Red-bellied Black Snake Information

Discussion in 'Herp Help' started by Rick_98, May 1, 2018.

  1. Rick_98

    Rick_98 New Member

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    Hey all,
    Ever since getting into owning reptiles I've always had my eyes on Red-bellied Black Snakes I don't have any plans on getting one at this moment as I would like to gain more knowledge in keeping them etc as I could not find any information online unfortunately.
    I would appreciate any information in housing, care etc cheers :)
     
  2. Tiger Dan

    Tiger Dan New Member

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    Last week I was in Melbourne holding my first captive red-bellied black snake, they are brilliant snakes, really placid and manageable, don’t think you would have any issues in aggression with this snake in captivity.
     
  3. cris

    cris Almost Legendary

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    Unless you get bitten by one, then you have a bad day and get to tell everyone how you thought you would die and stuff. It is mostly non snake people who go on about almost dieing and other BS, but even snake people sometimes pretend to be total pussies about it.

    I have only ever poked one with my toe to get it off my path, despite some of the banter I don't actually shoot snakes.
     
  4. GBWhite

    GBWhite Well-Known Member

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    Hi Rick,

    I keep RBB Snakes. The first thing I'd like to cover is that despite being known as a reasonably placid species, remember they are venomous and a bite from one can be very unpleasant, extremely painful and have severe consequences. I have a couple of friends who have had to have fingers amputated as a result of a bite and I have a nice scar on my left index finger from a bite as well.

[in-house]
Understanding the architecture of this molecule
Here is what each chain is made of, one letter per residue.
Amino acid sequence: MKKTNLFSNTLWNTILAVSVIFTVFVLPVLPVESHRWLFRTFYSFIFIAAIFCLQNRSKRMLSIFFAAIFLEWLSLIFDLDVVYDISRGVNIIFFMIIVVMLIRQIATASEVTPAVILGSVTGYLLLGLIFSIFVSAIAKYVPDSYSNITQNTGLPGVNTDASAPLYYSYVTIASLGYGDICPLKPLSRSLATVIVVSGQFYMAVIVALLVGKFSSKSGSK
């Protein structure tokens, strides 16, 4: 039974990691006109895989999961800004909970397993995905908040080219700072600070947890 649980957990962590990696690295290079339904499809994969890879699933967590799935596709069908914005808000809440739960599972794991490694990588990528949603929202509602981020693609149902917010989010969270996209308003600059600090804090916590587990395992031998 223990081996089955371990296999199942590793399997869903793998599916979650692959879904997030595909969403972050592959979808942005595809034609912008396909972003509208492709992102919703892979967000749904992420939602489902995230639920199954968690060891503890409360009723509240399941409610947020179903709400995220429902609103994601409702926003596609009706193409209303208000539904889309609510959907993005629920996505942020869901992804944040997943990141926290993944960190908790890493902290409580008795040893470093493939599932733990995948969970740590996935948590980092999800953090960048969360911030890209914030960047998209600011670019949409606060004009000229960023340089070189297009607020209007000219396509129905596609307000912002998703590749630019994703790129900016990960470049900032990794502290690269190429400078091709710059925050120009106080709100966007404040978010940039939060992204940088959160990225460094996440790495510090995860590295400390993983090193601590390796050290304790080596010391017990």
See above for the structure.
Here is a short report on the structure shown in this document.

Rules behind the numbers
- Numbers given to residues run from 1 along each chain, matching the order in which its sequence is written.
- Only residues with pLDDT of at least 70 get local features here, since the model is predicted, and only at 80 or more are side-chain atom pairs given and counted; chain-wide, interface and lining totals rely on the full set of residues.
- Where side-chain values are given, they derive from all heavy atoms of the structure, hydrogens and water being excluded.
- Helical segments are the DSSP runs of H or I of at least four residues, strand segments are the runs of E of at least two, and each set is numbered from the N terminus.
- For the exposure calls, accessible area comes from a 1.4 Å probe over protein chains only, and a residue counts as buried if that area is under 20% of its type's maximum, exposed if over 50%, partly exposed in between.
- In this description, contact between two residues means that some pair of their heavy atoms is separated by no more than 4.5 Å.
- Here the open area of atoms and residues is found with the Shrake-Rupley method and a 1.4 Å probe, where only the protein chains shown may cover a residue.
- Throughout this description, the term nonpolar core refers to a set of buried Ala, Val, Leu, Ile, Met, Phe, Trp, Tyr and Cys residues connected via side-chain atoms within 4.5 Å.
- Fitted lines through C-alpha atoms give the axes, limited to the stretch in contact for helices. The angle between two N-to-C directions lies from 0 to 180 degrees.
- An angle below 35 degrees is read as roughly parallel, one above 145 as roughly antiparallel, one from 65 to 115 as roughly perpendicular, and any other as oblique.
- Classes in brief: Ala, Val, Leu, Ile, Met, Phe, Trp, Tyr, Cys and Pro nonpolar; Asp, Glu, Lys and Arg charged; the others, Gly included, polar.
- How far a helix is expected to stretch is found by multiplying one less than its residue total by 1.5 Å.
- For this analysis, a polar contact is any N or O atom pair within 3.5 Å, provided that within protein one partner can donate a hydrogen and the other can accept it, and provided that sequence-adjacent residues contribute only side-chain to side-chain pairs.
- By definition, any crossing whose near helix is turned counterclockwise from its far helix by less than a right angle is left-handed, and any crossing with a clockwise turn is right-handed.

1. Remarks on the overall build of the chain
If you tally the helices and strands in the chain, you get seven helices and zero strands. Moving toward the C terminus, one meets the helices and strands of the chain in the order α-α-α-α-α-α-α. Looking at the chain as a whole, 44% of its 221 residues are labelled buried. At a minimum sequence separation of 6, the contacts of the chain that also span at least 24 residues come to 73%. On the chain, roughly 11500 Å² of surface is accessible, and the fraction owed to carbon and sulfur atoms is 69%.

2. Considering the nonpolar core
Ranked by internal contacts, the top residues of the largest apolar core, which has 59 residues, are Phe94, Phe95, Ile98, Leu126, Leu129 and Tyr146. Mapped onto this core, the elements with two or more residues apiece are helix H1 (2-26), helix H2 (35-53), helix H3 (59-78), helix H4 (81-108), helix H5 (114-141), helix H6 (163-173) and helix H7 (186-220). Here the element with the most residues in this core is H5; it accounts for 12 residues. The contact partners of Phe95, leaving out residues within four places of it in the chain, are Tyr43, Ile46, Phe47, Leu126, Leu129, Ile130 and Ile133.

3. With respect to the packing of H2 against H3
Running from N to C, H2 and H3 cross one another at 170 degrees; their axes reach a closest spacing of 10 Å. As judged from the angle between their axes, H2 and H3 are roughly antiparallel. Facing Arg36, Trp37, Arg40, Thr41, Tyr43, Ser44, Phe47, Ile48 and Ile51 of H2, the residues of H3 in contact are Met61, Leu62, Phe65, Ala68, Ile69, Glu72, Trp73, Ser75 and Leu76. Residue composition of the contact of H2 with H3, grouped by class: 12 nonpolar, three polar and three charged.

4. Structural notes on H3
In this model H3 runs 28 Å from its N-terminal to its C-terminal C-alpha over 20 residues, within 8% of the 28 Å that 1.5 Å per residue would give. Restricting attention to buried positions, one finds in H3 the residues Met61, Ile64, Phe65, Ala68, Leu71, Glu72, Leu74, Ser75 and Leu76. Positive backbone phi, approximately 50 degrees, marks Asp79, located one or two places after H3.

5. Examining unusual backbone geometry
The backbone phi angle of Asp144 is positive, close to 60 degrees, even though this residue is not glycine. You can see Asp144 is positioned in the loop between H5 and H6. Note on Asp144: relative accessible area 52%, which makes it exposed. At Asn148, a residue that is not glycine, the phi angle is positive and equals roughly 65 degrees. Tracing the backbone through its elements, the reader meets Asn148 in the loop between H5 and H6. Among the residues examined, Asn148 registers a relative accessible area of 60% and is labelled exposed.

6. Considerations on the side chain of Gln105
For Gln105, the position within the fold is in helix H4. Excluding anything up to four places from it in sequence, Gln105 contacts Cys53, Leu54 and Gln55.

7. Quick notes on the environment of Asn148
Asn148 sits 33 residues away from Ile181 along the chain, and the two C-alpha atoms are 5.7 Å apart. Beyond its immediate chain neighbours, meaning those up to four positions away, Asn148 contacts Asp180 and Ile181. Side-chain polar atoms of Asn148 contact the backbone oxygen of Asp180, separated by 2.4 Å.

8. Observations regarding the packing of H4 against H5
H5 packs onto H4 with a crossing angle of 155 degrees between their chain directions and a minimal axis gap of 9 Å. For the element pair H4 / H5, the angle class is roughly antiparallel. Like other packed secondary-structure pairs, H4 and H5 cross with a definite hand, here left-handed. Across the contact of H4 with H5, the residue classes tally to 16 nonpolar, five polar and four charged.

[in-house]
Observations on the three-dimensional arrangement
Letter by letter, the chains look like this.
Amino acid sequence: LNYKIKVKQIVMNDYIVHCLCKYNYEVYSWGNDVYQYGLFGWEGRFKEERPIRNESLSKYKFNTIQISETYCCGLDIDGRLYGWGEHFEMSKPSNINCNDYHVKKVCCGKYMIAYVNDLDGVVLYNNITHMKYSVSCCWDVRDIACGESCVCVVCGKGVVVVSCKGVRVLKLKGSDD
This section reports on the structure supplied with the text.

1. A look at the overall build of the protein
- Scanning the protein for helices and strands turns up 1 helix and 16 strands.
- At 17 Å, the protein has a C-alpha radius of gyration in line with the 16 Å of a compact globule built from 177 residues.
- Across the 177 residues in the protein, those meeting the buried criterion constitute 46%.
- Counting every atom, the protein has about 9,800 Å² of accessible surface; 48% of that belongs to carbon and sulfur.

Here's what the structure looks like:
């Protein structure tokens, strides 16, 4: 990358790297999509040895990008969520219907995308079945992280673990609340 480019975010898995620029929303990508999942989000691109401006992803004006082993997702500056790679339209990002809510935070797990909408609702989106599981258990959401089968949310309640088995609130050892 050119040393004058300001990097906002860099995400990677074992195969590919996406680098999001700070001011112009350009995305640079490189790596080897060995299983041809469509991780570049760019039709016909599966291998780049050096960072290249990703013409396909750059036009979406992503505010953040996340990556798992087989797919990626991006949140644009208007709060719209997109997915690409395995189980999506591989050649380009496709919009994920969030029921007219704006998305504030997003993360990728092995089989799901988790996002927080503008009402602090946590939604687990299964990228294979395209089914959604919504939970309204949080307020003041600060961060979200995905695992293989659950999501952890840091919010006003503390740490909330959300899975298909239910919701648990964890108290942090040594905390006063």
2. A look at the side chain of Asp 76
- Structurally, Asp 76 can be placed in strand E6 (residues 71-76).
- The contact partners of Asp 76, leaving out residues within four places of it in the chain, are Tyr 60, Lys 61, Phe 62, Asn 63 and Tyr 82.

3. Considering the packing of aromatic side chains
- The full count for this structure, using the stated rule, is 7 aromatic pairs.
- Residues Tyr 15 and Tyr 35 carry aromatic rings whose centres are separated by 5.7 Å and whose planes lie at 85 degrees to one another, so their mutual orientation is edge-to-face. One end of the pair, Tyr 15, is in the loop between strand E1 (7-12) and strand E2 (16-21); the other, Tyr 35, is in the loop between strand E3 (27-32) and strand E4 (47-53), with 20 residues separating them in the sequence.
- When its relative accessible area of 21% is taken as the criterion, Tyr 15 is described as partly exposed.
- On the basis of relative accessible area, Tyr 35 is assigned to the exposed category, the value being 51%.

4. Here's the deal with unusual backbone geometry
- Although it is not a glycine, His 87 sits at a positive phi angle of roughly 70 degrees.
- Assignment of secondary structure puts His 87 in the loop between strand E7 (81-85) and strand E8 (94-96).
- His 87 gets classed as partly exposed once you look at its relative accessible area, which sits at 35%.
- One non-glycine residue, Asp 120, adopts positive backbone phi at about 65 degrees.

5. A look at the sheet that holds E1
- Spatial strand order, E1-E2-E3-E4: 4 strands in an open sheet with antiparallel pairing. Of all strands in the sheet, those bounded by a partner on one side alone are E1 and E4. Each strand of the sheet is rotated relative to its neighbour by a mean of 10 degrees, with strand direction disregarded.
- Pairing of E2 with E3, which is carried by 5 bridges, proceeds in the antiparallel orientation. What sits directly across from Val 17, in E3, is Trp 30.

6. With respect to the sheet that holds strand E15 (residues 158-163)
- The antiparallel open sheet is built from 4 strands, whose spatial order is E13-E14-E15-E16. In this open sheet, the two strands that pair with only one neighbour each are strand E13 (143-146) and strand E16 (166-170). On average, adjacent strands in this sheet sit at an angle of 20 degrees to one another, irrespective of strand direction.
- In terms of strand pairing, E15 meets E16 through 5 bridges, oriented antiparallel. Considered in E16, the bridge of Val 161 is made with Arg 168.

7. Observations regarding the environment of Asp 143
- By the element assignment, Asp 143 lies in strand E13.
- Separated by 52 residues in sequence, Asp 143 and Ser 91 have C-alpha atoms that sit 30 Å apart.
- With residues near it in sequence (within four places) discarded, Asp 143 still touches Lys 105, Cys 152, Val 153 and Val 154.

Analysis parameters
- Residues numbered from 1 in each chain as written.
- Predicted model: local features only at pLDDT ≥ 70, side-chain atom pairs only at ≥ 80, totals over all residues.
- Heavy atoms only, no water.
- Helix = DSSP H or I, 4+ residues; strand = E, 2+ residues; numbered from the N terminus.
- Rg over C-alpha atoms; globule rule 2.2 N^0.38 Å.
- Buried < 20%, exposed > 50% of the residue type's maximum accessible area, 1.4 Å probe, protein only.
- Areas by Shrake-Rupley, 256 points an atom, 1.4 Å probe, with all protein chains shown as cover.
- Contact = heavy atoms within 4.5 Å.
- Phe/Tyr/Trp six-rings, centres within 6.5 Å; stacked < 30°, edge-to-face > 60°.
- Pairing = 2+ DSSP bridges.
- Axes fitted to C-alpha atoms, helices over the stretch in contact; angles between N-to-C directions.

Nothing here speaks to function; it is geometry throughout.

Before obtaining one, get to know someone who keeps vens, ask if you can observe the way they handle them and after a bit of time try and see if you can get to handle them under supervision.

    Familiarize yourself with the conditions they may be kept under in your State. I don't know about Victoria but in NSW dangerous vens have to be maintained under specific conditions, ie - locked enclosures kept inside a locked, escape proof room with visible first aid notices relating to snake bite and compression bandages that can be easily accessed.

    So, my advice is to handle them just as if they are a highly venomous species, never trust them, only handle them when absolutely necessary (eg; cleaning), always use a snake hook and tail them when removing them from their enclosure and never, ever free handle them. When I clean them I remove them from their enclosure and place them in a plastic garbage bin with a closed and sealed lid.